Having shared the Collis and Rukstad article with Cyrus Mistry, Chairman of Tata group, early in my tenure, he asked for the 100 word Tata strategy. Having inherited no formal strategy presentations or documents for a 140-year old group, how does one do that? After some reflection, the best I could do was describe the observed pattern of the past in ninety-nine words. But it was my description of the emergent strategy, others may describe it differently.
We pioneer industries new to India, sometimes with a global partner, aspiring to achieve domestic leadership positions.
We only enter and maintain presence in industries where opportunities are:
1. Significant – Minimum xx dollar market cap opportunity
2. Differentiated – Ability to offer unique value proposition to market
3. Profitable – Path to profitable business model exists
4. Competitive – Tata connection brings distinctive advantage
5. Socially Responsible – Allows operations consistent with our values
Once in position of strength, we list the firm to free resources, and/or, if domestically dominant, we secure a global presence via an acquisition. Otherwise, for laggard businesses, we exit via sale or shutdown.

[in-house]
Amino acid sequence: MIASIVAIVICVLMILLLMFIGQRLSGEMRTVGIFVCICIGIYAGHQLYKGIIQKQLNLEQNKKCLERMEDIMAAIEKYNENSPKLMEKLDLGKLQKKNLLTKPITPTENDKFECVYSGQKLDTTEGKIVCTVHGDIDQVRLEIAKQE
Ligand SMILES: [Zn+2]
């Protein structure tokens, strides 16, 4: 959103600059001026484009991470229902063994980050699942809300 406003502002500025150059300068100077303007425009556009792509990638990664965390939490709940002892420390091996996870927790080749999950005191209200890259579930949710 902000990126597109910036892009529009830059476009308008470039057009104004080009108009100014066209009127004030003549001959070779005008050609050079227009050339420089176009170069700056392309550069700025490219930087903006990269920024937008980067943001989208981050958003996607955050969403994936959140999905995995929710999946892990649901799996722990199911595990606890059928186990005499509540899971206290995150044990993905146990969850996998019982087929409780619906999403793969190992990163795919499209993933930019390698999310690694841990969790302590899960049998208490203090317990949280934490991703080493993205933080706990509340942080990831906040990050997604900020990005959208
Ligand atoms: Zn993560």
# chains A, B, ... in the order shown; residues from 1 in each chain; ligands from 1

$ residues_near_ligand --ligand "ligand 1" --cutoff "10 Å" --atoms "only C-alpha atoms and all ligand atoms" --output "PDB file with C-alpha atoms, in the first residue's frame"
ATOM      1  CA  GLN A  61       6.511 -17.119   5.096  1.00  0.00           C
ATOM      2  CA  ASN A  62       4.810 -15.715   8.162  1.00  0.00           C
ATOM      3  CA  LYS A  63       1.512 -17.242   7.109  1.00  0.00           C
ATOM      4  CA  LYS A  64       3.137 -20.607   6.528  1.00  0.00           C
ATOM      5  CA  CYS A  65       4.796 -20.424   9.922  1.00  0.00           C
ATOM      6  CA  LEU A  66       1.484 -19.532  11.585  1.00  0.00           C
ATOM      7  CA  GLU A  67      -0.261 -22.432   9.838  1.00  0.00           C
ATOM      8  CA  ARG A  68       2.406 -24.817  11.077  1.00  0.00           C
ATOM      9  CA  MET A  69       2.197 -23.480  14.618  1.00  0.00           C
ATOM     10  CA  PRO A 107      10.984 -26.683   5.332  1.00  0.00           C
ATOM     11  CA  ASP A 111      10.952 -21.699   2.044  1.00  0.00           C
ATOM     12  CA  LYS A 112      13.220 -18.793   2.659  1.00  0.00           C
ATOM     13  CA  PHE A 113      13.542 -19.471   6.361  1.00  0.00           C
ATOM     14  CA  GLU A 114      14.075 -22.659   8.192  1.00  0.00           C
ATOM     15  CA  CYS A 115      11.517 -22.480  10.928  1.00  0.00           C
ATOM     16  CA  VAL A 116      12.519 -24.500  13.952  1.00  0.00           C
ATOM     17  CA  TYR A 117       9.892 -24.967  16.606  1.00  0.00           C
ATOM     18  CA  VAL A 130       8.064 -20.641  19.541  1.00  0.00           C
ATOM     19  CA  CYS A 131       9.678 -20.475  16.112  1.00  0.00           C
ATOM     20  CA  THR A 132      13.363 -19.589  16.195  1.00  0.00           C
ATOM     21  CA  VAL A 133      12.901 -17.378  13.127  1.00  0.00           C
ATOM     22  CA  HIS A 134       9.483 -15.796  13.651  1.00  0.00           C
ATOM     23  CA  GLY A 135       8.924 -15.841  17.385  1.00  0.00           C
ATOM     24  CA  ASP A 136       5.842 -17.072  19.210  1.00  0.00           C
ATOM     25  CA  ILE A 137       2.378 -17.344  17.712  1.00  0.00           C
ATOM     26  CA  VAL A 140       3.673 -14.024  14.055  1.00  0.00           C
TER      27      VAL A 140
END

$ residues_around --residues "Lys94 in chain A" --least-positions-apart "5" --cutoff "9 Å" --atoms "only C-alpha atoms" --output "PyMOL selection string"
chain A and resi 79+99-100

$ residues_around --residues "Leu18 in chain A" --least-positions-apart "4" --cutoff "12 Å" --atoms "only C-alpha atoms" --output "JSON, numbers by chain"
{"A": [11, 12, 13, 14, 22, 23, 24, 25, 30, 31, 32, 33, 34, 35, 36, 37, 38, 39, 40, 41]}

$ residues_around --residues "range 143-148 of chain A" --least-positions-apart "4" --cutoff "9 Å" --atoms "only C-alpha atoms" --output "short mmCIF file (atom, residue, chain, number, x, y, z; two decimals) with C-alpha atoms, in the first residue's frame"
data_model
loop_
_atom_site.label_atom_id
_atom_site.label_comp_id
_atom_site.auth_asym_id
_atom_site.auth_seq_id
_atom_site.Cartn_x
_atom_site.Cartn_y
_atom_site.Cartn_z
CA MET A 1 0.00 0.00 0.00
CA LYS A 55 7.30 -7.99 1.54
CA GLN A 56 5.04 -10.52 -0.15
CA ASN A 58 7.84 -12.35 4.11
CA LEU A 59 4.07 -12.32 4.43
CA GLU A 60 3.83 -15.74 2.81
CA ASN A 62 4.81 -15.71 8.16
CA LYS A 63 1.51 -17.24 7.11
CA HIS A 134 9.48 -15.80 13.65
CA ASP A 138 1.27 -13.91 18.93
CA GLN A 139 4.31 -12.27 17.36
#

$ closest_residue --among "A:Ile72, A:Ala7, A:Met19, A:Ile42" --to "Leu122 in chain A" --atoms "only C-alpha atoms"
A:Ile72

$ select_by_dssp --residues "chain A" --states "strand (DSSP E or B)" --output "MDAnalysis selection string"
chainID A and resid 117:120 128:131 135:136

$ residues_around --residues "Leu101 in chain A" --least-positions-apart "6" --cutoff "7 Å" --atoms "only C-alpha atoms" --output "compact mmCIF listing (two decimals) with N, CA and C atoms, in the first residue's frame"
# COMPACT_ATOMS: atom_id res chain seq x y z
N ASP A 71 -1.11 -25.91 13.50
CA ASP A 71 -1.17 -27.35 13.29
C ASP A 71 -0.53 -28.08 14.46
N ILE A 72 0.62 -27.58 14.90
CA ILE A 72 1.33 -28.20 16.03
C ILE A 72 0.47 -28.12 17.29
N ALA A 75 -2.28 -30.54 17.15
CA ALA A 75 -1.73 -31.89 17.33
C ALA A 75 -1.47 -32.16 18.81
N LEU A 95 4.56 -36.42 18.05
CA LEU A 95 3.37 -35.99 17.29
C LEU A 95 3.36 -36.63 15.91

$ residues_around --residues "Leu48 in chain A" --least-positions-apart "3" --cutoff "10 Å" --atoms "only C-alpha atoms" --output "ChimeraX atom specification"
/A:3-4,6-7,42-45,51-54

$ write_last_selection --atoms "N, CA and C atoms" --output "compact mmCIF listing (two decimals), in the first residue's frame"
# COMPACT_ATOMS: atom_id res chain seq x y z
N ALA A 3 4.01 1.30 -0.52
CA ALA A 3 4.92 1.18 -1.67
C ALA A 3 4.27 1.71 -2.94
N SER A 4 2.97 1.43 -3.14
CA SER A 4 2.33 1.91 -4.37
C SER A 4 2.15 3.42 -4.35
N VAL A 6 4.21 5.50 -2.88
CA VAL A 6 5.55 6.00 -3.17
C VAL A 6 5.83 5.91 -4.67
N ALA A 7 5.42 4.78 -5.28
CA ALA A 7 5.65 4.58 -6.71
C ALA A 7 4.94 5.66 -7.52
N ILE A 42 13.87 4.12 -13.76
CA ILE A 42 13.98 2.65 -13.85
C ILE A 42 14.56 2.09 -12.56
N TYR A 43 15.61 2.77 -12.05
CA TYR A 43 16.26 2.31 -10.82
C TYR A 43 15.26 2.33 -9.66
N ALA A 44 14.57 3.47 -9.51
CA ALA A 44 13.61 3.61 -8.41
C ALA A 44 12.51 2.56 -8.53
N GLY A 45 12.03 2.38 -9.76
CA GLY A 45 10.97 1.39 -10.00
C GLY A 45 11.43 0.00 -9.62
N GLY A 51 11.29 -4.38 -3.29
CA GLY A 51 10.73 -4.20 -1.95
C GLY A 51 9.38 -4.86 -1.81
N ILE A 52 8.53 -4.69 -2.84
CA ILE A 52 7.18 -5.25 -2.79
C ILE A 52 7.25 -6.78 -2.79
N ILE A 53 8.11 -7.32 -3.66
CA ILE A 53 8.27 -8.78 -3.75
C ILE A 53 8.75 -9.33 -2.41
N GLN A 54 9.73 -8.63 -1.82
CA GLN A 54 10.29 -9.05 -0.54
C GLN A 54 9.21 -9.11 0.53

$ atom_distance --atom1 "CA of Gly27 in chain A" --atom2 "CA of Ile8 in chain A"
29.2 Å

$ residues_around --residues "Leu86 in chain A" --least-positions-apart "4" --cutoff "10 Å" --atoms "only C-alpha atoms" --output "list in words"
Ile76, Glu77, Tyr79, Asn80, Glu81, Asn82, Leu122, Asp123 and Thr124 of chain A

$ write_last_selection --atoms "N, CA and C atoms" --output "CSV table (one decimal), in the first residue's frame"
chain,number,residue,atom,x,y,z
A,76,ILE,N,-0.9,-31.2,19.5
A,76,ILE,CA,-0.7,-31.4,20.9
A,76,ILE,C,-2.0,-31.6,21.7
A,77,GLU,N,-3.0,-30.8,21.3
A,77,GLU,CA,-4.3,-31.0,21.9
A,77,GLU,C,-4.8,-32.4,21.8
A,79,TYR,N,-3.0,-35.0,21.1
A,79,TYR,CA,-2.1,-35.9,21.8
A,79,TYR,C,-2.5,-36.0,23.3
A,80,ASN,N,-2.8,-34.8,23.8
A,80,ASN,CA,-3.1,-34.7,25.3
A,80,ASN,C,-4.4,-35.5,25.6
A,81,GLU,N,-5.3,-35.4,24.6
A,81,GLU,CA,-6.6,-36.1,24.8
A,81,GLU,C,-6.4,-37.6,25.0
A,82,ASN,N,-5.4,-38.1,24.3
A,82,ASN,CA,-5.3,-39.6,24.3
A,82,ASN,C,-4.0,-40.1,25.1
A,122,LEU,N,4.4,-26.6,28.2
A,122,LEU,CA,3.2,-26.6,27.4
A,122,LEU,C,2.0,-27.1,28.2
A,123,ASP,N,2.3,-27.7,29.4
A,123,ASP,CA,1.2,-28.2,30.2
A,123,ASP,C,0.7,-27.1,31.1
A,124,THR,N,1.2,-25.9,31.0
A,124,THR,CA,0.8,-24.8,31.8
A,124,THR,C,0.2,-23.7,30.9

Anderson, J.C., N.Kumar, & J.A. Narus (2007), Value Merchants: Demonstrating and Documenting Superior Value in Business Markets, Harvard Business School Press.
Collis D. & M. Rukstad (2008), “Can you say what your strategy is?” Harvard Business Review.
Kim, C.W & R. Mauborgne (1997), “Value Innovation: The strategic logic of high growth,” Harvard Business Review, January-February.
Kumar, N. (2004), Marketing as Strategy: Understanding the CEO’s Agenda for Driving Growth and Innovation, Harvard Business School Press.
Mintzberg, H (1987), “The Strategy Concept 1: Five Ps of Strategy,” California Management Review , Fall.
Porter, M (1996), “What is Strategy?” Harvard Business Review, November-December.
Nirmalya Kumar is Lee Kong Chian Professor of Marketing at Singapore Management University and Distinguished Executive Fellow at INSEAD Emerging Markets Institute. Previously, he was Member-Group Executive Council at Tata Sons. As an academic, he has previously taught at Columbia University, Harvard Business School, IMD (Switzerland), London Business School, and Northwestern University (Kellogg School of Management). Nirmalya has written seven books, five of which were published by Harvard Business Press. Nirmalya holds a PhD in marketing from Northwestern University.